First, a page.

Senioritis

2 05 2010

When I was young, my parents always stressed to me that I must respect my elders. Revering age and the wisdom that went with it was part and parcel of our culture in the mid-20th century. The most valued members of our society were those who had been there the longest. They had earned their stripes, and even if they could no longer be economically productive, we were to admire their tenacity for having stuck it out so long.

But somewhere during my lifetime the cultural emphasis changed from age to youth. Our future, after all, is predicated on our progeny carrying the ball a little bit farther down the gridiron of our very existence. Age became despised, a burden on society that had to be carried on the backs of those younger.

OK, blame the Baby Boomers. Blame Woodstock. Blame me if you’d like to. Hell, it’s just that my generation vowed to never get old, and, in the lyric of Roger Daltry, we even hoped to die if that were to start to happen.

Maybe you could blame the tech revolution we have lived through for the last 50 years. But it’s not just that we had a lot of change. No, it’s that the change occurred at ever faster rates, to the point that it can be dizzying at times. And if you should happen to pull off at the rest area of life, everyone else will go zipping by. On a highway where there apparently is no speed limit.

So it was with great interest I read a Letter to the Editor yesterday (01 May 2010) in the Amarillo Globe-News. A very frustrated (and presumably elderly) woman bemoaned what seems to her as seniors being pushed aside. To wit:

“Those who do not have computers are being ignored. The newspaper and TV sometimes continue their stories online. Some credit card companies are charging for paper billing. Saturday mail delivery may end; going to the mailbox for some is the highlight of the day.”

While I never wish to disrespect my elders, I have to ask an important question: What the hell have you been doing the last 50 years? Did you not get the memo about computers? The internet? Email? Good grief. I’ve been using computers since 1973, so this is not something new, ma’am. Do you expect us to further subsidize the Post Office so you can get junk mail on Saturday? Do you expect the media to put everything on TV or in print so the Techno-Luddite demo can catch it?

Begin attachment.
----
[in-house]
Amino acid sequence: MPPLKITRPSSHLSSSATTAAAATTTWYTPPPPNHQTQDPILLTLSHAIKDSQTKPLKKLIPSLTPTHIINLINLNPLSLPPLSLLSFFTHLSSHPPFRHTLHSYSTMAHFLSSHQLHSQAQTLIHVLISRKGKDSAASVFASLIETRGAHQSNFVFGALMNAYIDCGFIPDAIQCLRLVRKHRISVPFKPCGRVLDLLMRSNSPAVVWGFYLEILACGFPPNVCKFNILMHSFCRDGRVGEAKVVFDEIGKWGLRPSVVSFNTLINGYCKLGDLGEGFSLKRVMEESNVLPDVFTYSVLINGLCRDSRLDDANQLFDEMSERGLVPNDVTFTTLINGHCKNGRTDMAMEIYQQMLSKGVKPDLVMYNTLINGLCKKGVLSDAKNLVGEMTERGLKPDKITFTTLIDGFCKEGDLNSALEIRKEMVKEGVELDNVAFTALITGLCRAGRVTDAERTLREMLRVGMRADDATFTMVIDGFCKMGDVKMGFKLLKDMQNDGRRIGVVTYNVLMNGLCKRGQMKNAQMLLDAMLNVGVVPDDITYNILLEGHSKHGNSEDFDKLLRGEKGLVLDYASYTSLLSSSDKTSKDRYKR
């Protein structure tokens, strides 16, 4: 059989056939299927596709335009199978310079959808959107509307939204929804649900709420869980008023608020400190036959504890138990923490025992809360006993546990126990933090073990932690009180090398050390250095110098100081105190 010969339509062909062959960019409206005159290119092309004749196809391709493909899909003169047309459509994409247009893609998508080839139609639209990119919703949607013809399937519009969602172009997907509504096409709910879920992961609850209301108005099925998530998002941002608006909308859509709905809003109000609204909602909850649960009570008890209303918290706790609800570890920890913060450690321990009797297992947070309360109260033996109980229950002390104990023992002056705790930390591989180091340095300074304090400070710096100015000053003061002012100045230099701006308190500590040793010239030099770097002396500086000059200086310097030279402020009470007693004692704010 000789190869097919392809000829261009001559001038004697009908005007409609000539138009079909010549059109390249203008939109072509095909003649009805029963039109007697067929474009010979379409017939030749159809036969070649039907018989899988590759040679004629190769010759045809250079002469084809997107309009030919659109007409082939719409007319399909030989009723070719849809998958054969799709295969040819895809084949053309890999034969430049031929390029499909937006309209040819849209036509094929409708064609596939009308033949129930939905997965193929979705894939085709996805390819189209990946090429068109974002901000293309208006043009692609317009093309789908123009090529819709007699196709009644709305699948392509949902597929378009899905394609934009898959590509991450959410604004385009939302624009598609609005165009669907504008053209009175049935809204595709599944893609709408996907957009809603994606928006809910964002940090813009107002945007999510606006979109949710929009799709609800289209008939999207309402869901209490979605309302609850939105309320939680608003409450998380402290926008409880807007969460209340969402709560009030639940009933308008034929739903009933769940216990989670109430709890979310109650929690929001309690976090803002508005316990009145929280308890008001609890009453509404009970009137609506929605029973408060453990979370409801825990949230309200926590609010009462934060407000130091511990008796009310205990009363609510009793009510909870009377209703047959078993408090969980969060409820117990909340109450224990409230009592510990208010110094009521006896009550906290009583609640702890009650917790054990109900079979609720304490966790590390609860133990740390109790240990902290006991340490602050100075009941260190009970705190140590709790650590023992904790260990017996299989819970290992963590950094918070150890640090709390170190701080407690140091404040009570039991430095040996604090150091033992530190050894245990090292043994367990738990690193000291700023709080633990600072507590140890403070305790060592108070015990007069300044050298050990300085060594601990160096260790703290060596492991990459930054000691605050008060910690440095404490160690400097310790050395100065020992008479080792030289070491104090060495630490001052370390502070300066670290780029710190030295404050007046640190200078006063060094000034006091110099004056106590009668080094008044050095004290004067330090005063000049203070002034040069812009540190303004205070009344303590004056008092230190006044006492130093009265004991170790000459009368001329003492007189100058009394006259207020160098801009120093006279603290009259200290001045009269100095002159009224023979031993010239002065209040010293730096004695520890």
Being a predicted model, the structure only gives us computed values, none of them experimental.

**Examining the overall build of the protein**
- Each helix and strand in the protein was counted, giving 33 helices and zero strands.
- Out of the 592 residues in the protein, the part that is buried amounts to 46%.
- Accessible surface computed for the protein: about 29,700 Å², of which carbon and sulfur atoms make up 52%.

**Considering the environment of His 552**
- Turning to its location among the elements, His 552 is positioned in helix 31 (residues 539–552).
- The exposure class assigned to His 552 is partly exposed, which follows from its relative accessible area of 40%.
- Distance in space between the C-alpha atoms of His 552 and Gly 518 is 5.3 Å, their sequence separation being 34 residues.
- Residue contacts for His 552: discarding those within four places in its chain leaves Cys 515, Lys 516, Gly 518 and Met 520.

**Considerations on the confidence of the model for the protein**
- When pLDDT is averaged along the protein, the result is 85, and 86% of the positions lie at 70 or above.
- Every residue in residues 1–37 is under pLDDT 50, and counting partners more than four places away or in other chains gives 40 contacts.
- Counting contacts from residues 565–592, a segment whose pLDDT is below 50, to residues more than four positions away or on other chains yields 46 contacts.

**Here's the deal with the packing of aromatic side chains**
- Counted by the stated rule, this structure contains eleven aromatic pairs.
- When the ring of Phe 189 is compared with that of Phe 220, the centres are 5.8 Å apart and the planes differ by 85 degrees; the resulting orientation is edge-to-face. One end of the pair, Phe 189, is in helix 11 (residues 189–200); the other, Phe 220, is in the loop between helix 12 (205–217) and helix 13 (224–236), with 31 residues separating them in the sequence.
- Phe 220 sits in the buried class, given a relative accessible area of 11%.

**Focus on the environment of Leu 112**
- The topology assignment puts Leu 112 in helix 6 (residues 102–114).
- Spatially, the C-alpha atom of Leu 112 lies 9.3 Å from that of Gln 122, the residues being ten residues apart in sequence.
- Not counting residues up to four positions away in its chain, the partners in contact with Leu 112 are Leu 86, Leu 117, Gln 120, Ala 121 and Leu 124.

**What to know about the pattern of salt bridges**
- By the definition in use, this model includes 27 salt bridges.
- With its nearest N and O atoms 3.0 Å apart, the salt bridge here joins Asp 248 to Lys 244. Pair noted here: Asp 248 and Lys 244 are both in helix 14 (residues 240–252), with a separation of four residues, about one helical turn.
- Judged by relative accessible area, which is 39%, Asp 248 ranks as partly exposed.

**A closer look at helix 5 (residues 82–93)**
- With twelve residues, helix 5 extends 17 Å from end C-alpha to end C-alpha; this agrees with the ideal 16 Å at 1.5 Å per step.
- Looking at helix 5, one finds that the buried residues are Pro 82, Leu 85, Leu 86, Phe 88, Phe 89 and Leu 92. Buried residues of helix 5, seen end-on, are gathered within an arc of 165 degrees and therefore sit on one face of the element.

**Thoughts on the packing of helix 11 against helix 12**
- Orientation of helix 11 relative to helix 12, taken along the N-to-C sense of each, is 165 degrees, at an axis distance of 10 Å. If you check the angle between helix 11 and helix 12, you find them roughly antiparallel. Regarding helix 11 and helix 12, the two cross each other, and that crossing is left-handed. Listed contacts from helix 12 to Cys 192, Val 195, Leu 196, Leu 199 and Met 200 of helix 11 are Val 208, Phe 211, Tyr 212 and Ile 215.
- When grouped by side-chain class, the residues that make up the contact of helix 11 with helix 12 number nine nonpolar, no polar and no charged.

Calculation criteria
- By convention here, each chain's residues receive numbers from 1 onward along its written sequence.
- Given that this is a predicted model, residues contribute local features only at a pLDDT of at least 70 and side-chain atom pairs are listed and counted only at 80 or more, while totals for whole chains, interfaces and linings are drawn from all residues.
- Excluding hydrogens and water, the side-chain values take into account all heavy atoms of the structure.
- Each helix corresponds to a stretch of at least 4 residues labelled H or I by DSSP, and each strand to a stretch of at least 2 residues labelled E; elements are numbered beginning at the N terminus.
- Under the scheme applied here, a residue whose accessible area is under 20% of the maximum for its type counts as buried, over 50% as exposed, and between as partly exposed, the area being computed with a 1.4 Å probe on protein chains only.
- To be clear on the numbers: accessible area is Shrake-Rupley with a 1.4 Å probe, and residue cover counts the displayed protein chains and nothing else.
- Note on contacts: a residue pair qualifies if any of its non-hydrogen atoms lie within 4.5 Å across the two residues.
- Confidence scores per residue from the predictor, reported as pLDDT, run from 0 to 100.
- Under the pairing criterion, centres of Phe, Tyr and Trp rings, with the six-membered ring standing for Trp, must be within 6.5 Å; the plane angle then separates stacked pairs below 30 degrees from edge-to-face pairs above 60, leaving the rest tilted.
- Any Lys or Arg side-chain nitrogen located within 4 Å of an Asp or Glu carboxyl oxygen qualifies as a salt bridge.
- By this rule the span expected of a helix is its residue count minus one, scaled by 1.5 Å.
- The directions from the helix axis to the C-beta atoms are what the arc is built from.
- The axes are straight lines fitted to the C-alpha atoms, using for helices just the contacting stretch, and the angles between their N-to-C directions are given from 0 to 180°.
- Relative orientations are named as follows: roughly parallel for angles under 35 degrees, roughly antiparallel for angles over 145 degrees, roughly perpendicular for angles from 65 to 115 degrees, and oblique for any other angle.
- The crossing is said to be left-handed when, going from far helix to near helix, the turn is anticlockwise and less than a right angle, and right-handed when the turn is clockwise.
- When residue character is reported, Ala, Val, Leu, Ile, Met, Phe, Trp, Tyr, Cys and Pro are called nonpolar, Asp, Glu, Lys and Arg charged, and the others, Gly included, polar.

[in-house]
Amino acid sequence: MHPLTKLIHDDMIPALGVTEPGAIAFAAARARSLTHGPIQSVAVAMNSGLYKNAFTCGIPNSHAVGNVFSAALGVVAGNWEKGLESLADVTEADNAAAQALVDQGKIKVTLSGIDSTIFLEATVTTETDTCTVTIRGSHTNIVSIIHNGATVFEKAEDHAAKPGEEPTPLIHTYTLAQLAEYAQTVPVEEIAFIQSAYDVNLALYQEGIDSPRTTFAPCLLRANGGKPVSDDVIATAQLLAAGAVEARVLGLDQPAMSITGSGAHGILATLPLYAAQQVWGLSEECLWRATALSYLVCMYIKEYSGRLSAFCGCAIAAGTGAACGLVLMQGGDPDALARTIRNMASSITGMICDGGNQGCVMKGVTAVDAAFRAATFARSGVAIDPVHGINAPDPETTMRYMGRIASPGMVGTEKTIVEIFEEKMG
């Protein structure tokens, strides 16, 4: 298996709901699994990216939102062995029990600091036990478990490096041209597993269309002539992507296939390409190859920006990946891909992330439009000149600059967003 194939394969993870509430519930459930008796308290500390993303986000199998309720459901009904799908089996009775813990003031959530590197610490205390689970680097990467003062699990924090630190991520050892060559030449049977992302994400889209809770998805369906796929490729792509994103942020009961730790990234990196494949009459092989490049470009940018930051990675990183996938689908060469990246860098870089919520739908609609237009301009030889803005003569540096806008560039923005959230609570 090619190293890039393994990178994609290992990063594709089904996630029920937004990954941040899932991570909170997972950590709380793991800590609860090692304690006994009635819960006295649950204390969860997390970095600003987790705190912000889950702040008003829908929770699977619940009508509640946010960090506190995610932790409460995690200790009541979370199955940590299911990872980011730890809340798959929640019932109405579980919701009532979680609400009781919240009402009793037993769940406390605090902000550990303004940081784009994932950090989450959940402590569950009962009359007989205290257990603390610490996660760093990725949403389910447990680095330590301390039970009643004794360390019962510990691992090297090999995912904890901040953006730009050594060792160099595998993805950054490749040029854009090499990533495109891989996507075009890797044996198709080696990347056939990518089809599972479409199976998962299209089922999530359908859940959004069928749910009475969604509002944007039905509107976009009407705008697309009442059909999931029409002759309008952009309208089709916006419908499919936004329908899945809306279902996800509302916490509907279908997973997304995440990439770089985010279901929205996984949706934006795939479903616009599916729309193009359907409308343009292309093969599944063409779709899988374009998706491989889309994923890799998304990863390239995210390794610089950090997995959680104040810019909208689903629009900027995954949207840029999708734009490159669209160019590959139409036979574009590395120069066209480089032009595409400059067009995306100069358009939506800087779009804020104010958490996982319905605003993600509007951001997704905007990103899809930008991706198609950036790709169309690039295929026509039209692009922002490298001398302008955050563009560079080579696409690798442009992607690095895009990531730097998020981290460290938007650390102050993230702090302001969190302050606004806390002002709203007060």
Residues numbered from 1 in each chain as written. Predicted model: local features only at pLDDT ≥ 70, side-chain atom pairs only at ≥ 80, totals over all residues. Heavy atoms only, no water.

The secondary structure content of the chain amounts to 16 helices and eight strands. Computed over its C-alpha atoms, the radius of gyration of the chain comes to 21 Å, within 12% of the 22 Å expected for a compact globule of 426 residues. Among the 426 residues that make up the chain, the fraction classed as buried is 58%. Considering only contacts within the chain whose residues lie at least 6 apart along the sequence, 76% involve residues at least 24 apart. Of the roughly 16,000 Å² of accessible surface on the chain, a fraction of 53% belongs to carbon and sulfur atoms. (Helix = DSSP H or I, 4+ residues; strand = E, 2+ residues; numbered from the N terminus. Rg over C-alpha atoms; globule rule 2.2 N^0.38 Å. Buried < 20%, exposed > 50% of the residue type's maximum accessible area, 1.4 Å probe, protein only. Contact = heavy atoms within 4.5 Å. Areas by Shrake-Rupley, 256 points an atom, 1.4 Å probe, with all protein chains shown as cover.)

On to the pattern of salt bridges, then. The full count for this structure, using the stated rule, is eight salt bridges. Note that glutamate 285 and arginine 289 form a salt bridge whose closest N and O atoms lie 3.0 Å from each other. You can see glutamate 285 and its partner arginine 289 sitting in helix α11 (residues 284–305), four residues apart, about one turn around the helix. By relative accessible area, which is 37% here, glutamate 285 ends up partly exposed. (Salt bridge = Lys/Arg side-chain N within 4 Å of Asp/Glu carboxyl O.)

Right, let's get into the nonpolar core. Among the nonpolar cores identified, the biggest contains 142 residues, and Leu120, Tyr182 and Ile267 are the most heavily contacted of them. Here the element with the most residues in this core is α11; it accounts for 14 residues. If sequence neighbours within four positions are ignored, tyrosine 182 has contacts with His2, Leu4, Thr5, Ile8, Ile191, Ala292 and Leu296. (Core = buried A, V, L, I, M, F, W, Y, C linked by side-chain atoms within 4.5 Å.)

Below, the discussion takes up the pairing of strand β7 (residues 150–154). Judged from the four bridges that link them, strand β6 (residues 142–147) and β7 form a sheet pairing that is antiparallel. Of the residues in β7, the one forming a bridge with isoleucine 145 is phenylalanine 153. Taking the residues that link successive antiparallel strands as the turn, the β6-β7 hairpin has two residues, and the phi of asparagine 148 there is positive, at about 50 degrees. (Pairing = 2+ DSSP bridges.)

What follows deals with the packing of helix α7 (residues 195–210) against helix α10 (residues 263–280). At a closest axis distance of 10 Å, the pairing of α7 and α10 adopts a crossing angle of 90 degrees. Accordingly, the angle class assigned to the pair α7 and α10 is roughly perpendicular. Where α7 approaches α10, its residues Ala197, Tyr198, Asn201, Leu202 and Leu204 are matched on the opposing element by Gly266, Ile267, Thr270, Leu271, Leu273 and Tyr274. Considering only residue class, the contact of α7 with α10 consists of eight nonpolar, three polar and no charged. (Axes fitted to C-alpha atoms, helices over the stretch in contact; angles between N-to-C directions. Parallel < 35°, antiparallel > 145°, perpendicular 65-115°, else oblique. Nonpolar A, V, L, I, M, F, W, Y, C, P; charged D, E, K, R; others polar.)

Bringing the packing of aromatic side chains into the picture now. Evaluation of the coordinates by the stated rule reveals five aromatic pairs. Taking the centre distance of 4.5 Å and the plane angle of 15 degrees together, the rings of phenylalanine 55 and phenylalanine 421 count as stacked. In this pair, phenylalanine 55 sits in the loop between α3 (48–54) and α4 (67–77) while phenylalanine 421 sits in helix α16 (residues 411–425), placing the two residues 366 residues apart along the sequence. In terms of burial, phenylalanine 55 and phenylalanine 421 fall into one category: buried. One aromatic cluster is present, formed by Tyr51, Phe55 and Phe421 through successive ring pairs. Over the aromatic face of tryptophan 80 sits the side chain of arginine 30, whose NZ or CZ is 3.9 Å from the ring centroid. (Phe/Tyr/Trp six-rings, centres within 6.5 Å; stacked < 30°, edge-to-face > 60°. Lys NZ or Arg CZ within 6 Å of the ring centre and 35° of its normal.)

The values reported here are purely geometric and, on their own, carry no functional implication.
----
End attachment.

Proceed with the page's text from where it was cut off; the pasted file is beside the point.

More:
I know, I know. You were busy working hard to provide for us. Busy having children to populate a subsequent generation. But ma’am, that excuse just doesn’t cut it anymore.

You see, at the same time we have shifted our focal point to youth, another huge change has occurred without fanfare, but still very implicit: We have a social responsibility to keep up. Yes, I respect my elders, but at the same time I expect them…me…you…to keep apace of the change around us. Don’t have a computer or internet service? We have libraries. Don’t know how to use one? There are plenty of classes for that, offered by communities far and wide.

This is not about growing old and being forgotten by the young. No, it is about making conscious decisions to stay in one’s comfy, cozy comfort zone. I’d be willing to bet money this woman was part of the group of bleeding edge folks who helped TV supplant radio as the dominant media format back in the day. Today we have more media than we can begin to manage, but we must find our way through that jungle anyway.

I am also quite aware of the fact that when you point a finger, you had better be standing in front of a mirror. I know that the forefinger of harsh criticism is aimed directly back at me. This very same responsibility is upon me. While I have managed to stay abreast of change for a little more than a half-century, I have to keep running at the same pace as that of a 20-year-old (and FWIW, I recently had the opportunity to do this on the rainy streets of Dallas as we raced to our parked van…and it nearly killed me).

It’s not going to be easy, but this burden is upon all of us. There’s going to be a lot more change in my remaining years (if I live that long, as my Mother always said to me whenever I criticized her). But I am looking forward to it.

Because I rather like the fast lane. You can bury me at the Rest Area in due time. But until then, those white dashes just look like dots on the road.

Dr “Faster Farther” Gerlich


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